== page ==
3) It’s A Wonderful Life
What they say it is – A Christmas movie.
What it actually is – A suicide movie.
I have to preface this by stating my undying love of It’s A Wonderful Life. It is without a doubt my favorite movie of all time. This is a prime reason why I get impassioned about how this film has been misrepresented.
IAWL is a feel good movie–for like five minutes. If you have not seen it, the film chronicles the life of every-man George Bailey and his constant compromising. Bailey’s life is full of changes and broken dreams, ultimately leading to him settling for a simple life as opposed to the Indiana Jones type lifestyle he dreamt of as a young man. The film crescendos in a scandal in which George decides that punching his ticket is his best course of action to make sure his family, friends, and town are taken care of.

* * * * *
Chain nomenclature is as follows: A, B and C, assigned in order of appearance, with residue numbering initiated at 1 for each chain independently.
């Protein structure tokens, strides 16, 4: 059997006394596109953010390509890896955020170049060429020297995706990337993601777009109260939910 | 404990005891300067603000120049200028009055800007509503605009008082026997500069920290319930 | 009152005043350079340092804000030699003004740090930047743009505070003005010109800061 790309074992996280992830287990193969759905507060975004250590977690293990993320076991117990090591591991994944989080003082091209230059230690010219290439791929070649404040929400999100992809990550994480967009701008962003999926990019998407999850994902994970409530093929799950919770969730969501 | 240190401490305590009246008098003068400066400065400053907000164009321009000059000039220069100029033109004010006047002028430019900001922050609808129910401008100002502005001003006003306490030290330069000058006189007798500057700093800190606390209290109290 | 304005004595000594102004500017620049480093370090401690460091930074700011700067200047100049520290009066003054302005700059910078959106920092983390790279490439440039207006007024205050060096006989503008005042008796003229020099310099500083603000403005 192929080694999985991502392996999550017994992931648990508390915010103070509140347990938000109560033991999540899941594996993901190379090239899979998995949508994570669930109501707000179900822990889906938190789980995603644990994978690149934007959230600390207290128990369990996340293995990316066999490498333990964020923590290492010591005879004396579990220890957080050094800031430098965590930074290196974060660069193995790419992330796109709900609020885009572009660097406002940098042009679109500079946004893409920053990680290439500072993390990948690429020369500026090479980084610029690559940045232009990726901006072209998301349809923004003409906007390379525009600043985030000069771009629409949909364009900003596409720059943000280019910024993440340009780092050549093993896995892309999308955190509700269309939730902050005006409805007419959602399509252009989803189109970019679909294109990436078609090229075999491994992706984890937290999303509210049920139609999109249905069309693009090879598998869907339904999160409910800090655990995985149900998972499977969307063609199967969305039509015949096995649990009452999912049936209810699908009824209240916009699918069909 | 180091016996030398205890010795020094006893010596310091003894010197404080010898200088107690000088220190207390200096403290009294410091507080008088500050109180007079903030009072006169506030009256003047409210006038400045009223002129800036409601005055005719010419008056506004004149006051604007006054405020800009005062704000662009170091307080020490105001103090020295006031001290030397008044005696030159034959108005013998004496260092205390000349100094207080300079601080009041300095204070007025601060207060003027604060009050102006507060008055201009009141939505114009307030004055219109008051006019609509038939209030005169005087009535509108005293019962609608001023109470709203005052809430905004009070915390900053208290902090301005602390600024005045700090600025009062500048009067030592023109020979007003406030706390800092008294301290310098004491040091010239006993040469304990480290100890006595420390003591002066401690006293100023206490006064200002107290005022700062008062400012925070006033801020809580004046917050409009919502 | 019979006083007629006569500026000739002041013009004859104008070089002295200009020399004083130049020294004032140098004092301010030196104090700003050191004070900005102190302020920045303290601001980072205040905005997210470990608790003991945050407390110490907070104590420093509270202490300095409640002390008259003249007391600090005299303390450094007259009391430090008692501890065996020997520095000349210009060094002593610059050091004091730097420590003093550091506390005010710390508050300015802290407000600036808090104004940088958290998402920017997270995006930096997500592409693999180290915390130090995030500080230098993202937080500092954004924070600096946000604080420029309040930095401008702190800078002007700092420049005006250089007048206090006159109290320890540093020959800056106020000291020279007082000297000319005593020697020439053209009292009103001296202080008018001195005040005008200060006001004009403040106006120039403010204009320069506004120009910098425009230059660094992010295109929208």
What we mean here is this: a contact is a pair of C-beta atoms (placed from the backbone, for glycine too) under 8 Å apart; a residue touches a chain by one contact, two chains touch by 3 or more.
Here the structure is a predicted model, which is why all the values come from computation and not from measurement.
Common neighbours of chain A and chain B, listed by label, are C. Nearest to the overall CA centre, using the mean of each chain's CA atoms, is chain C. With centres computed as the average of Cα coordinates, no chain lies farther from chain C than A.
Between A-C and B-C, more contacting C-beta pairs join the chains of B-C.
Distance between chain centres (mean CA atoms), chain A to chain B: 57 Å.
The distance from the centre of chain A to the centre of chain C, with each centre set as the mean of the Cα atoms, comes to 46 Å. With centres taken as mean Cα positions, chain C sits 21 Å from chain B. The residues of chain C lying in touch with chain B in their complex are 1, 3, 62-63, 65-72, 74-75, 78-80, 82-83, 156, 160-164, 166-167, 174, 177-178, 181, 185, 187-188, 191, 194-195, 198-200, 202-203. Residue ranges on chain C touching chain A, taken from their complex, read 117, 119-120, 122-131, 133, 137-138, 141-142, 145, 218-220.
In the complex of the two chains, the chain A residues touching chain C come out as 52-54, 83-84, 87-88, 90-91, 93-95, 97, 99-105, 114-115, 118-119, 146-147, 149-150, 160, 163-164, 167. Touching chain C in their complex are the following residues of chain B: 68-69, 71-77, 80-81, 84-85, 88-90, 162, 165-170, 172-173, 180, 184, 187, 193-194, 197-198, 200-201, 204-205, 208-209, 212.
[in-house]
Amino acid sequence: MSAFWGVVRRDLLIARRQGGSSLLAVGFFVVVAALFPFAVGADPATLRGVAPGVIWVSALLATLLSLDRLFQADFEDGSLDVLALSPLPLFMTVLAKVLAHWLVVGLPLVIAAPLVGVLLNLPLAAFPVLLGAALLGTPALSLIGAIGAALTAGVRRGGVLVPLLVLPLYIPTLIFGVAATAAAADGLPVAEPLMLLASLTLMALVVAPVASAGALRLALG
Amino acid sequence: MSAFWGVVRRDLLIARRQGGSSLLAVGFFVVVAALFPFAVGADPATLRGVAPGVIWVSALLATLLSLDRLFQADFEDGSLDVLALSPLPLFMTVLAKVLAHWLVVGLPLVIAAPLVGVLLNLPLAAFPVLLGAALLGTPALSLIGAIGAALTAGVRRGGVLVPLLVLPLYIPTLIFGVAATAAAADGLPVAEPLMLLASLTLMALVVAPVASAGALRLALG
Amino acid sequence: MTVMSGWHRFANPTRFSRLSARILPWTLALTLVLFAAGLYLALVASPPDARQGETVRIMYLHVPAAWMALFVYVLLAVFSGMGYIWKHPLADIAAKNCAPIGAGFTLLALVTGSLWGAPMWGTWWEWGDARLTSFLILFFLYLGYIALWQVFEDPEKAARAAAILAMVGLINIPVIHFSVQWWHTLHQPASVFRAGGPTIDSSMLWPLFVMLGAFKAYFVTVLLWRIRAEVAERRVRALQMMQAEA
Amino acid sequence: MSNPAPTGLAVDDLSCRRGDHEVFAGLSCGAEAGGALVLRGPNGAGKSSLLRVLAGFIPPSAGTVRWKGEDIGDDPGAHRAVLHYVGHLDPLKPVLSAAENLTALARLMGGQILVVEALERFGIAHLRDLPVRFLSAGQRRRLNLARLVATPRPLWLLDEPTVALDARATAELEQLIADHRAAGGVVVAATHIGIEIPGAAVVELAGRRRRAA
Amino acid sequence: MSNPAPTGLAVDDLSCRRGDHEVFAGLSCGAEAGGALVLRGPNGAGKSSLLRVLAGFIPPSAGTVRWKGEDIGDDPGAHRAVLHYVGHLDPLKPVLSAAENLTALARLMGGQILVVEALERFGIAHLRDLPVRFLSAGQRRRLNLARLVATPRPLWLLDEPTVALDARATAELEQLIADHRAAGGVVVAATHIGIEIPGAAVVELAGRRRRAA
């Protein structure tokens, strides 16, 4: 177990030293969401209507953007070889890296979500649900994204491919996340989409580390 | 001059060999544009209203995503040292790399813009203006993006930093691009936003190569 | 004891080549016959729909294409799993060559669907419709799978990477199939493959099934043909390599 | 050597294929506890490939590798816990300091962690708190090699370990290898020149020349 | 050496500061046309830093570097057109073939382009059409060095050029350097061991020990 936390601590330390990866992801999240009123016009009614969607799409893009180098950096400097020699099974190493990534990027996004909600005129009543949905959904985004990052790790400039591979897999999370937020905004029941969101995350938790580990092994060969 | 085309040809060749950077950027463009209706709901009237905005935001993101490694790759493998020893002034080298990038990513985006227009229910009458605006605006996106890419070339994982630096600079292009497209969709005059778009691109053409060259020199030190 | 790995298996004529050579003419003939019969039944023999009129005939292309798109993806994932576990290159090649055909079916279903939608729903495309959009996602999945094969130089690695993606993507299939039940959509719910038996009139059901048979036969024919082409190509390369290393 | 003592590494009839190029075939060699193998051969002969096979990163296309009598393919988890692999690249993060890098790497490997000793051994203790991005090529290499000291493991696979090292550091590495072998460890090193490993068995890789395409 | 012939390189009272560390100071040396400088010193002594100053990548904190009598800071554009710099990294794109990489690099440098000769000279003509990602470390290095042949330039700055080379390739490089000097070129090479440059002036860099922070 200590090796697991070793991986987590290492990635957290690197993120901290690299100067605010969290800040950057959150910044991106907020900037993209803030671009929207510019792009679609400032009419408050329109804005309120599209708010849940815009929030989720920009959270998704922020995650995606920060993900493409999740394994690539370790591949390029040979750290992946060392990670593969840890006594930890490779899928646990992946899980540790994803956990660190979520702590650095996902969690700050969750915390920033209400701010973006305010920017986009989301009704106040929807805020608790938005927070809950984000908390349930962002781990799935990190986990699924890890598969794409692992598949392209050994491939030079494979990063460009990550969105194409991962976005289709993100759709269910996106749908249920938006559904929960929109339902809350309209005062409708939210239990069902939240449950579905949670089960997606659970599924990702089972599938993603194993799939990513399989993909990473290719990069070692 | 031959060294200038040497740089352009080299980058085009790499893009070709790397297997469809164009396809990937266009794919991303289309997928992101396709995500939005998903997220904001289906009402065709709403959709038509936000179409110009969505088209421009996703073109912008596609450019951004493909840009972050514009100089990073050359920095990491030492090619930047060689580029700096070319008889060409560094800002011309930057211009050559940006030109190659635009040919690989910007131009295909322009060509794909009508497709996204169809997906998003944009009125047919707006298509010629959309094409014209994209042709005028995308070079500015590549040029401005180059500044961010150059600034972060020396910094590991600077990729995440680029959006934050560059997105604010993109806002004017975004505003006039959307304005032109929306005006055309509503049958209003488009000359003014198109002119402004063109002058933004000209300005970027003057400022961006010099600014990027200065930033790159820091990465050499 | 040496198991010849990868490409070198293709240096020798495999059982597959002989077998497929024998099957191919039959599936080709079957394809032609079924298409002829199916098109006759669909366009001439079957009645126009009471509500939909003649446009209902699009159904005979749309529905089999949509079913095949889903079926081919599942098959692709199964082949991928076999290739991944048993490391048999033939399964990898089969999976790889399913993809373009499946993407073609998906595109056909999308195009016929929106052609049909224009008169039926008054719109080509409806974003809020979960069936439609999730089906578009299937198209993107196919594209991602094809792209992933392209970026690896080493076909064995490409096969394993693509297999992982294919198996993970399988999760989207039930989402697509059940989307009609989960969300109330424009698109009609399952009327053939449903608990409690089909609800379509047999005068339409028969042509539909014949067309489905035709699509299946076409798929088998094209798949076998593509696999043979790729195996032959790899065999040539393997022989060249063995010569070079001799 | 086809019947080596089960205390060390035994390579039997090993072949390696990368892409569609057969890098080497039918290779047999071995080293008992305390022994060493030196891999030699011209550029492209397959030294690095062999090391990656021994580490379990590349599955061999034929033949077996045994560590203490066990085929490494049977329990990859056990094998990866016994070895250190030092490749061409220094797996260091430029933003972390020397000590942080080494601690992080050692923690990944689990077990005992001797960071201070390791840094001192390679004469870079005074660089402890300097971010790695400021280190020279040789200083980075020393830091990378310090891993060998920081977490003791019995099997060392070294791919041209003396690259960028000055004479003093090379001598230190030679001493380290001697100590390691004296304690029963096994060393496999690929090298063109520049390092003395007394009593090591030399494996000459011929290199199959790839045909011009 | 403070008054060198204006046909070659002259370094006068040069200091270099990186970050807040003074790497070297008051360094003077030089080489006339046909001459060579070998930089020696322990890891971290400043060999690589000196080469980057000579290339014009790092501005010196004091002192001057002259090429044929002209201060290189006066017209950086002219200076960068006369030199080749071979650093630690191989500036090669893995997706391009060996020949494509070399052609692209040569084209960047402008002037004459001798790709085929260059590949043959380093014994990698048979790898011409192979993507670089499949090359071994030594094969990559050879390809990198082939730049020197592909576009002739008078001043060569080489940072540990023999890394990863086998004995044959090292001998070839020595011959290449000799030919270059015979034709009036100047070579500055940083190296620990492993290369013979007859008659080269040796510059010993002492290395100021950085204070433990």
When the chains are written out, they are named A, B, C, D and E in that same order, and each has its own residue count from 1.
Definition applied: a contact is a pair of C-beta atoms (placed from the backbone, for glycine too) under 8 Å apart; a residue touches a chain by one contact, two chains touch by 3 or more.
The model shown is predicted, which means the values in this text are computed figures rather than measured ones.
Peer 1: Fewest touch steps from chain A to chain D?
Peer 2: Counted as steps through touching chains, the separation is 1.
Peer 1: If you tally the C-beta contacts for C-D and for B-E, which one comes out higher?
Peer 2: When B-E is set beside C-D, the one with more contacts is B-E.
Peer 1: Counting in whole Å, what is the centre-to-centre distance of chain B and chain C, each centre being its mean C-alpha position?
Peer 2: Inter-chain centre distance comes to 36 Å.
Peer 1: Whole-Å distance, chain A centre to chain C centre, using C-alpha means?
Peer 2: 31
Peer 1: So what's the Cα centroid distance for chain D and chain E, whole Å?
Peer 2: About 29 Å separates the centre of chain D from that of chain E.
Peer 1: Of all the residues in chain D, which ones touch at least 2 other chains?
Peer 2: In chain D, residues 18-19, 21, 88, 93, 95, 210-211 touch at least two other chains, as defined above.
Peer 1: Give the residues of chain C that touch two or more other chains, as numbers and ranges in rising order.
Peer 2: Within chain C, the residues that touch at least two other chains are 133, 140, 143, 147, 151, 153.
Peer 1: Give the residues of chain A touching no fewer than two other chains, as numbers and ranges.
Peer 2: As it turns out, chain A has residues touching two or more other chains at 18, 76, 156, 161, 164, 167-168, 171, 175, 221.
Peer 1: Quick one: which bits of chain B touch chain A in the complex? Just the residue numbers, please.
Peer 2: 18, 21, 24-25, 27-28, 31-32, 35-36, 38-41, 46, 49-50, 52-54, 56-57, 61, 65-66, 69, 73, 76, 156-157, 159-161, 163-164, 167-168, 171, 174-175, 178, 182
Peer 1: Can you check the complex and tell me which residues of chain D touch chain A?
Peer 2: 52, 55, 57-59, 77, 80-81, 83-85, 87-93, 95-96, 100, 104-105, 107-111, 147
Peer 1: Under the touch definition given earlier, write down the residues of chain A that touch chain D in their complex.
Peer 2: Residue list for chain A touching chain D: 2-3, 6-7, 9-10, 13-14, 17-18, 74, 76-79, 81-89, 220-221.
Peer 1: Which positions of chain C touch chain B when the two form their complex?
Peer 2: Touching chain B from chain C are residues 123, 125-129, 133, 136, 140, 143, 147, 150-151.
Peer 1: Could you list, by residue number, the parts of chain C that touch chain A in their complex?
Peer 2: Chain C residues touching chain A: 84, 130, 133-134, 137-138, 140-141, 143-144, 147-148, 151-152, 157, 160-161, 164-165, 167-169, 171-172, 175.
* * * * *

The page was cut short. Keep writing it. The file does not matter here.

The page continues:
SPOILER ALERT (for a 50+ year old film): He doesn’t do it. BUT ONLY because of literal divine intervention. This leads to one of the most powerful and tear jerking end scenes in cinematic history where George is finally redeemed for leading such a (wait for it) wonderful life. So what the hell about this screams Christmas? Nothing is the answer. The third act of the film, the bulk of it at least, happens to take place at Christmas time. This, coupled with the contractual hilarity of the films screening rights, has led to IAWL being named the greatest Christmas movie of all time on numerous lists (The Guardian for example). By this logic, Die Hard, Gremlins, and even Lethal Weapon should be considered Christmas movies.